Haphazardly reopening schools could mean people abandon social distancing, government's own scientists warn

·Contributor, Yahoo News UK
An empty classroom at Manor Park School and Nursery in Knutsford, Cheshire, the day after Prime Minister Boris Johnson put the UK in lockdown to help curb the spread of the coronavirus.
An empty classroom at Manor Park School and Nursery in Knutsford, Cheshire, the day after Prime Minister Boris Johnson put the UK in lockdown to help curb the spread of the coronavirus.

Evidence on whether children are to transmit coronavirus in schools remains “inconclusive”, according to the government’s own scientific advisers.

The government is aiming to reopen schools from 1 June, which has led to concerns by some parents, teachers and unions over the proposed plan.

On Friday, a new report from the Scientific Advisory Group for Emergencies (SAGE) said reopening schools without clear evidence could risk people abandoning social distancing measures as a whole.

The report says: "Interventions must be eased in a logical manner. Failure to do so will influence the number of parents who are willing to send their children to school.

“It will be vital to explain why and how school reopening is safe, and to ensure that changing restrictions is not a signal that the risk from coronavirus is over and that it is safe to resume other activities or to abandon social distancing.

"It is important to explain why resuming school attendance is safer to resume or must be resumed for other important reasons (such as to reduce harm to vulnerable children), compared with other activities, such as going to work.

"For example, it may be confusing if individuals were encouraged to return to school, but the number of times that they are allowed to leave the house each day remains the same.

"Similarly, it is likely to be difficult to convince parents that it is safe to send their children to school if offices are still shut.

“SPI-B’s previous work on phased changes in activity restrictions and principles for the design of social and behavioural interventions have highlighted the need for a credible order to changing restrictions (e.g. from least to more at risk).”

SAGE's new report said teachers do not appear to be at a greater risk of catching Covid-19 than other professions – but there is still some risk if schools reopen.

Lulu Byrne aged 13 and Maisy Byrne aged 15 take part in home schooling, studying mathmatics, english and sciences from their home in Liverpool as schools reopen after the Easter break, but classroom attendance is limited to the children of key workers while the UK continues in lockdown as the fight against coronavirus continues. PA Photo. Picture date: Monday April 20, 2020. Education Secretary Gavin Williamson said Sunday that no date has been set for re-opening schools in England. See PA story HEALTH Coronavirus Education. Photo credit should read: Peter Byrne/PA Wire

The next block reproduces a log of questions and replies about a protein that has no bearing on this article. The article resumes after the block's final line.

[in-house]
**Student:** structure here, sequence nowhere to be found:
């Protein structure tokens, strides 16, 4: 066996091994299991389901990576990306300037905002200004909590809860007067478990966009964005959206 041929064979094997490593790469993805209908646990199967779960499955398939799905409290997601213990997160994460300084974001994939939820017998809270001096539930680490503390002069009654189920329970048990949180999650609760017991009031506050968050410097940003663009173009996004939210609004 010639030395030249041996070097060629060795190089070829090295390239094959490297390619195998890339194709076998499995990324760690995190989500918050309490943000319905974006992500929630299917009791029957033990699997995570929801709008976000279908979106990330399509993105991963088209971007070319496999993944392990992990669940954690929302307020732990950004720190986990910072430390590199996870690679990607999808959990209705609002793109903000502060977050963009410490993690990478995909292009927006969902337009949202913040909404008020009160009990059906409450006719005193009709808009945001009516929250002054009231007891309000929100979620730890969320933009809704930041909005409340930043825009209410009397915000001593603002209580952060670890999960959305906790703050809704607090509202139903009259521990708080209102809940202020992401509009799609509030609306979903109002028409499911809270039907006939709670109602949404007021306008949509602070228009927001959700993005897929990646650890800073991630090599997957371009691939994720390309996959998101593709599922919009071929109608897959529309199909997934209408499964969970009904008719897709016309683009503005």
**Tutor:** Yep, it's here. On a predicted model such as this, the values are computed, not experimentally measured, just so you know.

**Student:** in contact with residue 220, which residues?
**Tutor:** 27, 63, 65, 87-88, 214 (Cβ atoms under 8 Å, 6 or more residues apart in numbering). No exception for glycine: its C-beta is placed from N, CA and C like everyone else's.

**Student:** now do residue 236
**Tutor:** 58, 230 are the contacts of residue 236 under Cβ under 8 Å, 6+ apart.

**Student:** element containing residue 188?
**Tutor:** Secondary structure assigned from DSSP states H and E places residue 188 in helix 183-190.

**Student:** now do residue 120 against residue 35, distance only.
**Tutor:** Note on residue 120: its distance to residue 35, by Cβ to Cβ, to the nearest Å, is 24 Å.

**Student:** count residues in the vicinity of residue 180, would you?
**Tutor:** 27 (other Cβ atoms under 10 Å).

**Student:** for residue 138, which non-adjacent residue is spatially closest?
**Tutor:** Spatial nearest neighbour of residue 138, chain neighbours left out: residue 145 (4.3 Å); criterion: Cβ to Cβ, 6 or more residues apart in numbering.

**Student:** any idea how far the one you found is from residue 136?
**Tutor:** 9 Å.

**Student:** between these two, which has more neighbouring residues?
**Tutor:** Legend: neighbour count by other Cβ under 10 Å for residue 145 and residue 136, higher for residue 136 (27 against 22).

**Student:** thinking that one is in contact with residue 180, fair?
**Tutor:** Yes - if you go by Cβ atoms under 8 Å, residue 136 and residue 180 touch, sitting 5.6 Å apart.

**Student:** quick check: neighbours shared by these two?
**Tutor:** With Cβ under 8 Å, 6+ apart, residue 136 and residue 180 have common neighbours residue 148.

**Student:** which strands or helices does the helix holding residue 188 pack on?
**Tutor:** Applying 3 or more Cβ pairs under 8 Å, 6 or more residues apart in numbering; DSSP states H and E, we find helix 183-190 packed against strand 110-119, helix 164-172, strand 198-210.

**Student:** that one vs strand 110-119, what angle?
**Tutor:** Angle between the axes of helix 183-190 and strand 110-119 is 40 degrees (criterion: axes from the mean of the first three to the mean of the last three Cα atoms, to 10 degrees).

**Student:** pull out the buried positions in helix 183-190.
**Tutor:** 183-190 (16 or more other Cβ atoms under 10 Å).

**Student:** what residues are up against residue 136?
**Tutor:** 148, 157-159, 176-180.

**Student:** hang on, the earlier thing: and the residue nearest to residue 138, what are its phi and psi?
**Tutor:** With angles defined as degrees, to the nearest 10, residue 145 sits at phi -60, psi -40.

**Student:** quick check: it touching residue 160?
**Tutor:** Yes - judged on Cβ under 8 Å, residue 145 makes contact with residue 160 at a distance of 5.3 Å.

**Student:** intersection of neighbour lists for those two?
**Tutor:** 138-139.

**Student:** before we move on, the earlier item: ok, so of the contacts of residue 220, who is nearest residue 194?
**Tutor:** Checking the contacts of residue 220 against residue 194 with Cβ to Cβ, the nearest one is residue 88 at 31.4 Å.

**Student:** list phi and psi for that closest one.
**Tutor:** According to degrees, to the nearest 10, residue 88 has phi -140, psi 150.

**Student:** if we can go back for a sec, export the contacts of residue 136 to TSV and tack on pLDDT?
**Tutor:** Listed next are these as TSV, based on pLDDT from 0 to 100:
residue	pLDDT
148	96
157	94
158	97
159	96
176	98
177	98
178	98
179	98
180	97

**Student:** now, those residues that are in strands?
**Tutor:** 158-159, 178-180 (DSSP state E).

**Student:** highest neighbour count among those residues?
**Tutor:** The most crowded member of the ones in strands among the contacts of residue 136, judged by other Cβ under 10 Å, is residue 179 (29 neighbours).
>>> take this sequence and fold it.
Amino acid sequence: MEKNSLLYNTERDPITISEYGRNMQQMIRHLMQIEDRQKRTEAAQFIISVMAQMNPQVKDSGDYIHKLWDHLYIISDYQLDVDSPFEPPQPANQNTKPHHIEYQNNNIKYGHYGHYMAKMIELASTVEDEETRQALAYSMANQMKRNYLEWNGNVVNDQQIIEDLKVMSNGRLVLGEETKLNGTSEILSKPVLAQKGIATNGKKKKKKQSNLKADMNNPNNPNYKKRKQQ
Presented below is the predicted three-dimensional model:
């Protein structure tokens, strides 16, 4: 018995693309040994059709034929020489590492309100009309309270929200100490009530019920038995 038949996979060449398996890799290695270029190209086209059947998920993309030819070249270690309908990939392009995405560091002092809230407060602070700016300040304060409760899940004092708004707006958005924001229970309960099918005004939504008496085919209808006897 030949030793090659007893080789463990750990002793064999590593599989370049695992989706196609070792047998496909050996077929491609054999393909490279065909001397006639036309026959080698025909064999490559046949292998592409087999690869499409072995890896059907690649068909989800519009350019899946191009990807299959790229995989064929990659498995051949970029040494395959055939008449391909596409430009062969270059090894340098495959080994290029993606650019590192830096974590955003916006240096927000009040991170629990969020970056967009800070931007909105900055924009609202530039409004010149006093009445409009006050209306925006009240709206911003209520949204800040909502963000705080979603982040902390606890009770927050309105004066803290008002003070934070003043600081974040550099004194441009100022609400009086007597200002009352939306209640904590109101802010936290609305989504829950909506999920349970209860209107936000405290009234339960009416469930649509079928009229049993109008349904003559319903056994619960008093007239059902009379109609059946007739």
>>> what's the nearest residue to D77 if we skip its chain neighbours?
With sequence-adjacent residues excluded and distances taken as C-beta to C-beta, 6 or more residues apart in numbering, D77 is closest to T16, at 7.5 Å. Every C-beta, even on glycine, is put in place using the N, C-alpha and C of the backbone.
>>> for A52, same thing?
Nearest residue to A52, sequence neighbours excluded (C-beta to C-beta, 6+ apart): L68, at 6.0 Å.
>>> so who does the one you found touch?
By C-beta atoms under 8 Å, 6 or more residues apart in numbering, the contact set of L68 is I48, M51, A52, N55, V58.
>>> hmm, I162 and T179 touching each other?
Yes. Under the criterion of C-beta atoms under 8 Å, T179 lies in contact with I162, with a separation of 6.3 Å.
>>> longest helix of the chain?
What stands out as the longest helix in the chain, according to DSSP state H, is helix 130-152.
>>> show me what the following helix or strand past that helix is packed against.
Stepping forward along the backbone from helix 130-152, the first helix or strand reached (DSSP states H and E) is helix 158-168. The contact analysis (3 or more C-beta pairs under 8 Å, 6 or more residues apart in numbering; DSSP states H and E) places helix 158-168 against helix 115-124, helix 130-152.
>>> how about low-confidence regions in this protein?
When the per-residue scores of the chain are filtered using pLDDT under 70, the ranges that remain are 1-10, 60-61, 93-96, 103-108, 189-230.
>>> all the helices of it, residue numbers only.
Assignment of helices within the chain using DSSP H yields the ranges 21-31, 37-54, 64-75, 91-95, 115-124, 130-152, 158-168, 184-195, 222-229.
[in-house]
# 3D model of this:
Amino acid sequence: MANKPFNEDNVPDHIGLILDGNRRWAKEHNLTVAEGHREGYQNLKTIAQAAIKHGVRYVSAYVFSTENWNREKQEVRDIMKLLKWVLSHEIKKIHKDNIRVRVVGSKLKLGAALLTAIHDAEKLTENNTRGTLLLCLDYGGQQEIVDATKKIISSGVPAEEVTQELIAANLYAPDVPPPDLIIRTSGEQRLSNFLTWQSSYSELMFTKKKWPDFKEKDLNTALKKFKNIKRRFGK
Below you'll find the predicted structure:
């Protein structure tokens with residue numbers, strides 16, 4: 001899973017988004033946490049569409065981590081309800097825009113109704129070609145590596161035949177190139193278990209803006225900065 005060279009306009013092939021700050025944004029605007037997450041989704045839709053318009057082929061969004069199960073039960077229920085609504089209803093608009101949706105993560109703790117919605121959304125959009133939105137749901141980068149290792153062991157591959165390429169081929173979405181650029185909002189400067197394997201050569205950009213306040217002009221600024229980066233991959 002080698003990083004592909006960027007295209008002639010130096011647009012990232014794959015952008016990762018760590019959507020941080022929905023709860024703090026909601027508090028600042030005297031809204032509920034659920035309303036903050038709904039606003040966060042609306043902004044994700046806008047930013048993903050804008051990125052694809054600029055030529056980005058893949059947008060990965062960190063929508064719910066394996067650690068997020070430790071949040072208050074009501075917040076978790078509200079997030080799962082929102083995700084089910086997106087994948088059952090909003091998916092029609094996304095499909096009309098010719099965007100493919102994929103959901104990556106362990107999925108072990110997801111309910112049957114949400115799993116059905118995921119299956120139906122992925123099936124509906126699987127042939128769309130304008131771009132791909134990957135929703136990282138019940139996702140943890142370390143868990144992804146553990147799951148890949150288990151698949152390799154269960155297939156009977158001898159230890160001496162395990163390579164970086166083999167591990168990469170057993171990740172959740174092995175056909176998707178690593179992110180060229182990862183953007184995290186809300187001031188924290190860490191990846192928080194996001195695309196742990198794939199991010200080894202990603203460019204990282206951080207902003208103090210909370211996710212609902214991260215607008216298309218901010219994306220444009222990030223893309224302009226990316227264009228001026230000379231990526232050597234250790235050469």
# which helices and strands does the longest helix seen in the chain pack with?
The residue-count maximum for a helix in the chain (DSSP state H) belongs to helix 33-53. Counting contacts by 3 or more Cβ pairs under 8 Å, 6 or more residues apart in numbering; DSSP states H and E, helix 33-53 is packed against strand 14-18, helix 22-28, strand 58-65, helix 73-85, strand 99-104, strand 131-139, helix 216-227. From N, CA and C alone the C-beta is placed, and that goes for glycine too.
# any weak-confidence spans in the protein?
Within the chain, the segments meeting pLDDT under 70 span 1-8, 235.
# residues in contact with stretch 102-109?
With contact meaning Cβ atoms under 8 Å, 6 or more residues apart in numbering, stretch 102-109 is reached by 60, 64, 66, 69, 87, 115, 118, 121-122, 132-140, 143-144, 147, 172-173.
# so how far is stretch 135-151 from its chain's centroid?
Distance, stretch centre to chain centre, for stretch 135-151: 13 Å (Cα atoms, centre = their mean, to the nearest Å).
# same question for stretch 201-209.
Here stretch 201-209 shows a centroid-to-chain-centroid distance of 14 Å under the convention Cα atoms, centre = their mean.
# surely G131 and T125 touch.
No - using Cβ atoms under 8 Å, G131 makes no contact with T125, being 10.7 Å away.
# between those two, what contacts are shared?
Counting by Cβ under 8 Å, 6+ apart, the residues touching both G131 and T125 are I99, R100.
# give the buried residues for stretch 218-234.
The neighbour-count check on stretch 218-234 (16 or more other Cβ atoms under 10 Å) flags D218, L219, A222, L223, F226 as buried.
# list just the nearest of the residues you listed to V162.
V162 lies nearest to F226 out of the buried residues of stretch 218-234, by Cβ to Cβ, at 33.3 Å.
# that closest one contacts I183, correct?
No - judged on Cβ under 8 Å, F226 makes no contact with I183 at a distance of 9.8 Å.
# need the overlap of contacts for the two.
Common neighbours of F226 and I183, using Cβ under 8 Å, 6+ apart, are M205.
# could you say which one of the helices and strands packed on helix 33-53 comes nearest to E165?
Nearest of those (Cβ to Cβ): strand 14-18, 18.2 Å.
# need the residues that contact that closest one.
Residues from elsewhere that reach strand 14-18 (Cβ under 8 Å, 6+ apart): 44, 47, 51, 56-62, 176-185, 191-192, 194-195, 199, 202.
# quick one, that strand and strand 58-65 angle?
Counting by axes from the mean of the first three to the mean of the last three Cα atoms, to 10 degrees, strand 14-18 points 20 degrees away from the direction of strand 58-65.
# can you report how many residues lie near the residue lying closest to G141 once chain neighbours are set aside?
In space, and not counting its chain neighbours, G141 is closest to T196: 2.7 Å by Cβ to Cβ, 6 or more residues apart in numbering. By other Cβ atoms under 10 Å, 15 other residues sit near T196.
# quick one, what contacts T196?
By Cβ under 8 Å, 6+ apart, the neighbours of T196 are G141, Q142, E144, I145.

Lulu Byrne aged 13 and Maisy Byrne aged 15 take part in home schooling, studying mathmatics, english and sciences from their home in Liverpool as schools reopen after the Easter break, but classroom attendance is limited to the children of key workers while the UK continues in lockdown as the fight against coronavirus continues. PA Photo. Picture date: Monday April 20, 2020. Education Secretary Gavin Williamson said Sunday that no date has been set for re-opening schools in England. See PA story HEALTH Coronavirus Education. Photo credit should read: Peter Byrne/PA Wire

It suggested that younger teachers’ attendance in schools could be prioritised in order to decrease the likelihood of infection for school staff in more vulnerable groups.

The document continued: "Evidence remains inconclusive on both the susceptibility and infectivity of children, but the balance of evidence suggests that both may be lower than in adults.”

The advisory group also said a robust testing and tracing system would be needed for schools to fully reopen.

NASUWT general secretary Patrick Roach says government and local authorities risked legal action if teachers are forced to return to the classroom from 1 June. (Getty Images)
NASUWT general secretary Patrick Roach says government and local authorities risked legal action if teachers are forced to return to the classroom from 1 June. (Getty Images)

Other contextual issues – including whether families have black, Asian and minority ethnic (BAME) members – must be taken into account when assessing the impact of relaxing school closures on transmission, the paper said.

The review comes after education unions, council leaders and MPs demanded to see the scientific evidence underpinning proposals to send pupils in Reception, Year 1 and Year 6 back to school next month.

Patrick Roach, general secretary of the NASUWT, said: “The evidence presented by Sage in terms of justifying the decision by Government to start to reopen schools from June 1 is inconclusive.”

He added: “The Sage papers published today will only add to teachers’ uncertainty and anxiety. The NASUWT remains of the view that no school should reopen until it can be demonstrated that it is safe to do so.”

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